Nov 14 2012
For those of us in the security space, it’s common to hear about crime rings based out of Eastern Europe that are targeting US companies and consumers. Stealing the data and selling it to make a fast buck has been something that we prefer to identify as something that happens from abroad. A recent report from ID Analytics, though, tells us that we have plenty of trouble with that particular crime here at home.
ID Analytics, a leader in consumer risk management, has undertaken a study to identify crime rings in the US that specialize in identity theft. According to the report, there are more than 10,000 separate crime rings operating in the United States. Those rings appear to be most highly concentrated in Washington D.C.; Detroit; Tampa, Fla.; Greenville, Miss., Macon, Georgia; and Montgomery, Ala. Another unusual finding of the report was that a large number of these rings were comprised of friends and family working together. You know what they say. “The family that defrauds together…”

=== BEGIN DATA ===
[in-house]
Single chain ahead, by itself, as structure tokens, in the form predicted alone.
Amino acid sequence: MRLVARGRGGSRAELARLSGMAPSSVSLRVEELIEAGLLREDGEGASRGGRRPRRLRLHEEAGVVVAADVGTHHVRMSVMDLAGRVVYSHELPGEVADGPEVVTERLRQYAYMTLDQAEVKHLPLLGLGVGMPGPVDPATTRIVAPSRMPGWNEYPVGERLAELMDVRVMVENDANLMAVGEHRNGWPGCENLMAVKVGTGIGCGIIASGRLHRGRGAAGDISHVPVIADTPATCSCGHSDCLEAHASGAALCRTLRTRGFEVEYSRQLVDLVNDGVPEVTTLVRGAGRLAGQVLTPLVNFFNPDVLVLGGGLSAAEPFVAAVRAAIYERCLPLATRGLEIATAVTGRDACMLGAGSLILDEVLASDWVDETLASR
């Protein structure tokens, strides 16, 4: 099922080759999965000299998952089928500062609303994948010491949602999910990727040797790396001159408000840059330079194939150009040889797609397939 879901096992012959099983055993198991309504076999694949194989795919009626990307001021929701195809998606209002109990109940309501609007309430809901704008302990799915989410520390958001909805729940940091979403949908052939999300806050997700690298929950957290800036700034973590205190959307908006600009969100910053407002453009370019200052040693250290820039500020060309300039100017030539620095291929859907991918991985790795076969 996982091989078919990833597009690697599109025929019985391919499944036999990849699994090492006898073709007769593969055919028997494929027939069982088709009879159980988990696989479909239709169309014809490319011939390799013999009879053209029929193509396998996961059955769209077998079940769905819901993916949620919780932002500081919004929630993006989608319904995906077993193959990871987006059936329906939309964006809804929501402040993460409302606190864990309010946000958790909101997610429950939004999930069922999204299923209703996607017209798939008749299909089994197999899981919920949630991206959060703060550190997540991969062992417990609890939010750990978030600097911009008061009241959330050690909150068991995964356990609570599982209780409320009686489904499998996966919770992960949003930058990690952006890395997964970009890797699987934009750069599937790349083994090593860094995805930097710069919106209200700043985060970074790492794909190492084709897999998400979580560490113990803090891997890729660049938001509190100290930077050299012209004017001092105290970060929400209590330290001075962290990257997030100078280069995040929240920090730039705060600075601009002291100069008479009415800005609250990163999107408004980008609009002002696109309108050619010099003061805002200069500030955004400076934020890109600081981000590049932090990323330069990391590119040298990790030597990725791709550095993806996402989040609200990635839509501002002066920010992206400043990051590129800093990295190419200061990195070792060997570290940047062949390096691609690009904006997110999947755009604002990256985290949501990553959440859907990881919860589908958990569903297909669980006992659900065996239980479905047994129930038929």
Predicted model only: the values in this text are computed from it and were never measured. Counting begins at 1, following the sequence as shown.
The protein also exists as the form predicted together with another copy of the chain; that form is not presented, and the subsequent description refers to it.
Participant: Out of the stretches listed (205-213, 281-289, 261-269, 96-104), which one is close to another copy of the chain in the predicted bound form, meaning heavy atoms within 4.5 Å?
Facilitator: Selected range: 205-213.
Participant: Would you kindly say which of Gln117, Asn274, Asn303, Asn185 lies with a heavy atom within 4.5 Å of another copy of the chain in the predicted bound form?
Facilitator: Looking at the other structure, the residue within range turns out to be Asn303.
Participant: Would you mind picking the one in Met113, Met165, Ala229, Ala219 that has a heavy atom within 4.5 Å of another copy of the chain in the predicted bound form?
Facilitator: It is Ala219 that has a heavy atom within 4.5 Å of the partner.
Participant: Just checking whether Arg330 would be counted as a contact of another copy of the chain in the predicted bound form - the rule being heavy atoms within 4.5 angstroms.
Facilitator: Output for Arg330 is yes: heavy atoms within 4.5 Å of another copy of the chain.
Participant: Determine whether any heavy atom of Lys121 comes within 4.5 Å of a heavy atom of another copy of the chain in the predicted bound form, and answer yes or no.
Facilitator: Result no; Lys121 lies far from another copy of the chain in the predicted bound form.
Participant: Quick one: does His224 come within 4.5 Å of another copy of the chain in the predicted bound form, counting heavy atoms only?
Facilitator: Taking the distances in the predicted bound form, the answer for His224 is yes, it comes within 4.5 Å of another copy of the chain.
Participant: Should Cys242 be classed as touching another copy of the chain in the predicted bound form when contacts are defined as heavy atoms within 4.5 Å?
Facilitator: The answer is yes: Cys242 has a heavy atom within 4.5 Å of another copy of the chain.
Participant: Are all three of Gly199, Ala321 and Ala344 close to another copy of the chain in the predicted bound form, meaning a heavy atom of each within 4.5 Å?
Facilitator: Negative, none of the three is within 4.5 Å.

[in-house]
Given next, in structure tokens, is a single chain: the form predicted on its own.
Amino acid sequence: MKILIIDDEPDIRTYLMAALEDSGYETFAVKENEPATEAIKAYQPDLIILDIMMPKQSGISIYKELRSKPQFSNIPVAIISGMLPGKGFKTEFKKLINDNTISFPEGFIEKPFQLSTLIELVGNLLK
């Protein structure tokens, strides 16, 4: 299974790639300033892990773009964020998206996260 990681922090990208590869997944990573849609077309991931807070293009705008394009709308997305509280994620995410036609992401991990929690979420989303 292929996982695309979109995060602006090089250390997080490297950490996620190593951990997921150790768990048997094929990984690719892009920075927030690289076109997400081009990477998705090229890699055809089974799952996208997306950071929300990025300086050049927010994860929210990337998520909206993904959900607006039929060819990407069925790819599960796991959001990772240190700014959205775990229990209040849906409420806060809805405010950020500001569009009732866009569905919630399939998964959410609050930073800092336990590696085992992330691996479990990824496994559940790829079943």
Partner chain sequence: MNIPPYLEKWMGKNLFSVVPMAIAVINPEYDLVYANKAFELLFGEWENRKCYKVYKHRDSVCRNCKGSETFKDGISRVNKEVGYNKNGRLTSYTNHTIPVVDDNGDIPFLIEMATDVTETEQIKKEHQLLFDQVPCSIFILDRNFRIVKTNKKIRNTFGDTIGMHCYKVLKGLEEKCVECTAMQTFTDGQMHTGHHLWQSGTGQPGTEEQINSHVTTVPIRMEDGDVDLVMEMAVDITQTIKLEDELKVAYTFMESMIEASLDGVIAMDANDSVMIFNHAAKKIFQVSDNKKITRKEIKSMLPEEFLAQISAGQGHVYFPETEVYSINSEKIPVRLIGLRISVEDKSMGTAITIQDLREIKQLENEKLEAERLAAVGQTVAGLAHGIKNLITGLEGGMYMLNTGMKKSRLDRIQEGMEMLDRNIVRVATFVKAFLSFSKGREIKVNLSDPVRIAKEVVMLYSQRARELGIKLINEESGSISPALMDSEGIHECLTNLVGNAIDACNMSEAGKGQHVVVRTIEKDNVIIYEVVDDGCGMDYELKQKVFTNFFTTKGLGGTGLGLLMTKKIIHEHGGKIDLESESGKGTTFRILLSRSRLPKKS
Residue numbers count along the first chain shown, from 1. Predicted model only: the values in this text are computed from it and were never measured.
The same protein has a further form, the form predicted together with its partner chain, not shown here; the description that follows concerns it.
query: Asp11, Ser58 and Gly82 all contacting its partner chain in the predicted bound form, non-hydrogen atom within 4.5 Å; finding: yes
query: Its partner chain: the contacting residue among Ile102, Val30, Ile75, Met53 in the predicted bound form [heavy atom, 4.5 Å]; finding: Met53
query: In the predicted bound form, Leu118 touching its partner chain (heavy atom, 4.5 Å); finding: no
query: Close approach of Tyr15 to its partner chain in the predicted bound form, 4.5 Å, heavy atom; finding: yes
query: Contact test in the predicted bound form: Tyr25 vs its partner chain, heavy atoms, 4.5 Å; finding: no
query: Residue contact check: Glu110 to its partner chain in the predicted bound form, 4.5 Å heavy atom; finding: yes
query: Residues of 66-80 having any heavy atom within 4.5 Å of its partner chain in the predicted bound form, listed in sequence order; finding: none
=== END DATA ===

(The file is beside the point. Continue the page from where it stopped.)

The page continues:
This report is interesting on a couple of levels. First, there has been an assumption that Identity Theft is often the work of career criminals. The report seems to contradict this, pointing out the almost communal nature of identity theft rings. The individuals work together and even share identity information, like social security numbers, in an effort to get new lines of credits. Secondly, while we do know that many breaches do originate from abroad, it is important that we not overlook the threat that we face here at home. Another surprising revelation in the report is the genesis of the crimes. Again, we tend to think of identity theft as an urban crime. While most of the victims were city dwellers, the report shows that the crime rings originate largely in rural areas.
It would be interesting to see if longitudinal studies would uncover a relationship between the economic downturn, particularly as it hit these rural areas, and the increase in the formation and activity of identity theft rings. It is sometimes easy to think of identity theft in the abstract, and that may entice people that wouldn’t be attracted to violent crime as a means of supporting themselves.